Montreal Convention


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Montreal Convention

an international convention signed in 1999 and now in force for the UK for non-international travel and within the European Union and Economic Area. It replaces the Warsaw Convention governing loss, injury and damage on air journeys. The most significant point is that there is a two-tier regime for personal injury - strict liability up to about £ 85,000 and a reversible burden fault provision above that. There is no upper financial limit for personal injury. In the carriage of passengers, baggage and cargo, any action for damages, however founded, whether under the Convention or in contract or in tort or otherwise, can only be brought subject to the conditions and such limits of liability as are set out in the Convention without prejudice to the question as to who are the persons who have the right to bring suit and what are their respective rights. In any such action, punitive, exemplary or any other non-compensatory damages are not recoverable. Effectively many claims are made more easy than under common law but others are barred. The carrier is liable for damage sustained in case of death or bodily injury of a passenger upon condition only that the accident which caused the death or injury took place on board the aircraft or in the course of any of the operations of embarking or disembarking.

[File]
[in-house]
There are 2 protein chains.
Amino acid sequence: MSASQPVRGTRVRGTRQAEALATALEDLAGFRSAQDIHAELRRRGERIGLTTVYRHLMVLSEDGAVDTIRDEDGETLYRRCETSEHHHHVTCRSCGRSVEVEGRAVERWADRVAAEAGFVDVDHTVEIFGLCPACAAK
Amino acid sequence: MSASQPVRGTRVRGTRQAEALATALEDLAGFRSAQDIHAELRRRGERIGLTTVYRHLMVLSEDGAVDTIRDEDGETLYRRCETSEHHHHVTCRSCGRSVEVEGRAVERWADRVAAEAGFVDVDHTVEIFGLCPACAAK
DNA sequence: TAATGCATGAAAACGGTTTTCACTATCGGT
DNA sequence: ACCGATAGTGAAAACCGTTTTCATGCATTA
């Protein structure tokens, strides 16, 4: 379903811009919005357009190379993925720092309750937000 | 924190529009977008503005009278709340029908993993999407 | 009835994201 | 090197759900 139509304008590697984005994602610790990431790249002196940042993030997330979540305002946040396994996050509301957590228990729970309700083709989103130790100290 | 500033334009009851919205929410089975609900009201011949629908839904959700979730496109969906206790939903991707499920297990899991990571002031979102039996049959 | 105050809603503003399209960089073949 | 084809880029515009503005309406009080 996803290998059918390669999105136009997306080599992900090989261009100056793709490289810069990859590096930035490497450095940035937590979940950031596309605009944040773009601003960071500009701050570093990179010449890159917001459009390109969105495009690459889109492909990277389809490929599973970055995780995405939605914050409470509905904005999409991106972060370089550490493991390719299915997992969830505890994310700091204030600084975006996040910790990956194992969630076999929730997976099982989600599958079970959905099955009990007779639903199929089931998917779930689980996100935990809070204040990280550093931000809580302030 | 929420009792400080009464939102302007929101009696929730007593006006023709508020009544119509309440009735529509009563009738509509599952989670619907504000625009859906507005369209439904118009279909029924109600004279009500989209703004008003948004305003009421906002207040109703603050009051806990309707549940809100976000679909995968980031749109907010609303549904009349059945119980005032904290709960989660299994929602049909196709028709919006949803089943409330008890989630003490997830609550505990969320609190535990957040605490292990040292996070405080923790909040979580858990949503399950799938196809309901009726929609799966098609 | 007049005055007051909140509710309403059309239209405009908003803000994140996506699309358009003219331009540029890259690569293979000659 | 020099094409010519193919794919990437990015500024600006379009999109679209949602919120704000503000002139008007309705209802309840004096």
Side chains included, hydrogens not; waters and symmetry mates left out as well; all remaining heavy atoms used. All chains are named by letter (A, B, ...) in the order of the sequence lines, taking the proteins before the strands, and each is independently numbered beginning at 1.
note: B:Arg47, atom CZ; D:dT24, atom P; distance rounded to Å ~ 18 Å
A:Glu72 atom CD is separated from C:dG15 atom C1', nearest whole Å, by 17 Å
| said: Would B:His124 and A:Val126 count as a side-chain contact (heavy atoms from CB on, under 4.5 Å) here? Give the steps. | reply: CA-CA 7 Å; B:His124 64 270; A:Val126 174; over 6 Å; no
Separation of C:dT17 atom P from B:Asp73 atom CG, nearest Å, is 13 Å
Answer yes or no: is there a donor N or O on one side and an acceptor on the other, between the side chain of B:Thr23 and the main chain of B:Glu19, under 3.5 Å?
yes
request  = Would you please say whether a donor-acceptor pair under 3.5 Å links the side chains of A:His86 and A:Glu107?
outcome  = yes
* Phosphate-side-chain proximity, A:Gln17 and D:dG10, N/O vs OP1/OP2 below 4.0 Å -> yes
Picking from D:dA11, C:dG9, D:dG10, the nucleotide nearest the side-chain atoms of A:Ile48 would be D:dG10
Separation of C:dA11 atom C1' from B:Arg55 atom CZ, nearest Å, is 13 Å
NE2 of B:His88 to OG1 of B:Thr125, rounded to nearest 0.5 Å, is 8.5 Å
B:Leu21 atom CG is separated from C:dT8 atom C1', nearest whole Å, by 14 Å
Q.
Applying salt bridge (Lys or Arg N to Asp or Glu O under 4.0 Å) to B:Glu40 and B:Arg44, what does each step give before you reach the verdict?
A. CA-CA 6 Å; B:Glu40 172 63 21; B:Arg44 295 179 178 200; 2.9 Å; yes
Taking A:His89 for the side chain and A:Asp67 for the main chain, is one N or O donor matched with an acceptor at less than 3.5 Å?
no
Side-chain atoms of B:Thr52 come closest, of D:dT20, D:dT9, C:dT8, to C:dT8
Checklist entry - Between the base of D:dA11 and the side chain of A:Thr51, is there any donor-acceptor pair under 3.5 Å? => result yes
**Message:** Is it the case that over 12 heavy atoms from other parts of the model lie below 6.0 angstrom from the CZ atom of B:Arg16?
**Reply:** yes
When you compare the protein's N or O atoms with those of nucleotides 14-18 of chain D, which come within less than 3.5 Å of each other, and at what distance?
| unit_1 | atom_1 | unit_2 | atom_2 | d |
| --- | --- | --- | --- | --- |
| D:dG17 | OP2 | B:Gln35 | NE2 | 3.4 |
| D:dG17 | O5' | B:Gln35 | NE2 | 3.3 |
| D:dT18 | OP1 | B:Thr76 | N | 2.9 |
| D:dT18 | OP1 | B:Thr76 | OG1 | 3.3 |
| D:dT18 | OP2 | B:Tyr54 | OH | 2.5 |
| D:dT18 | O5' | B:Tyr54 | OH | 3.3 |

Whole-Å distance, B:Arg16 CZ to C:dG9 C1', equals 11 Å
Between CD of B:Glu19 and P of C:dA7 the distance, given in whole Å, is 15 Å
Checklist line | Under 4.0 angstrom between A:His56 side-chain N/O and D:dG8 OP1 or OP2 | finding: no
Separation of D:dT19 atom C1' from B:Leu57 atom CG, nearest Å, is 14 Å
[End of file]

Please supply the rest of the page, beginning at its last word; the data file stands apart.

However, this terminology has in previous conventions made claims for nervous shock alone or as a result of a condition - like deep vein thrombosis - difficult or impossible. The carrier is liable for damage sustained in case of destruction or loss of, or of damage to, checked baggage upon condition only that the event which caused the destruction, loss or damage took place on board the aircraft or during any period within which the checked baggage was in the charge of the carrier. In the case of unchecked baggage, including personal items, the carrier is liable if the damage resulted from its fault or that of its servants or agents. The carrier is liable for damage sustained in the event of the destruction or loss of, or damage to, cargo upon condition only that the event which caused the damage so sustained took place during the carriage by air. However, the carrier is not liable if and to the extent it proves certain defences including an act of war or an armed conflict. The carrier is liable for damage occasioned by delay in the carriage by air of passengers, baggage or cargo. Receipt by the person entitled to delivery of checked baggage or cargo without complaint is prima facie evidence that the same has been delivered in good condition and in accordance with the document of carriage or with the record preserved by the other means set out in the convention. In the case of damage, the person entitled to delivery must complain to the carrier forthwith after the discovery of the damage, and, at the latest, within seven calendar days. In the case of delay, the complaint must be made at the latest within 21 days from the date on which the baggage or cargo have been placed at his or her disposal. The right to damages is extinguished if an action is not brought within a period of two years, reckoned from the date of arrival at the destination, or from the date on which the aircraft ought to have arrived, or from the date on which the carriage stopped.

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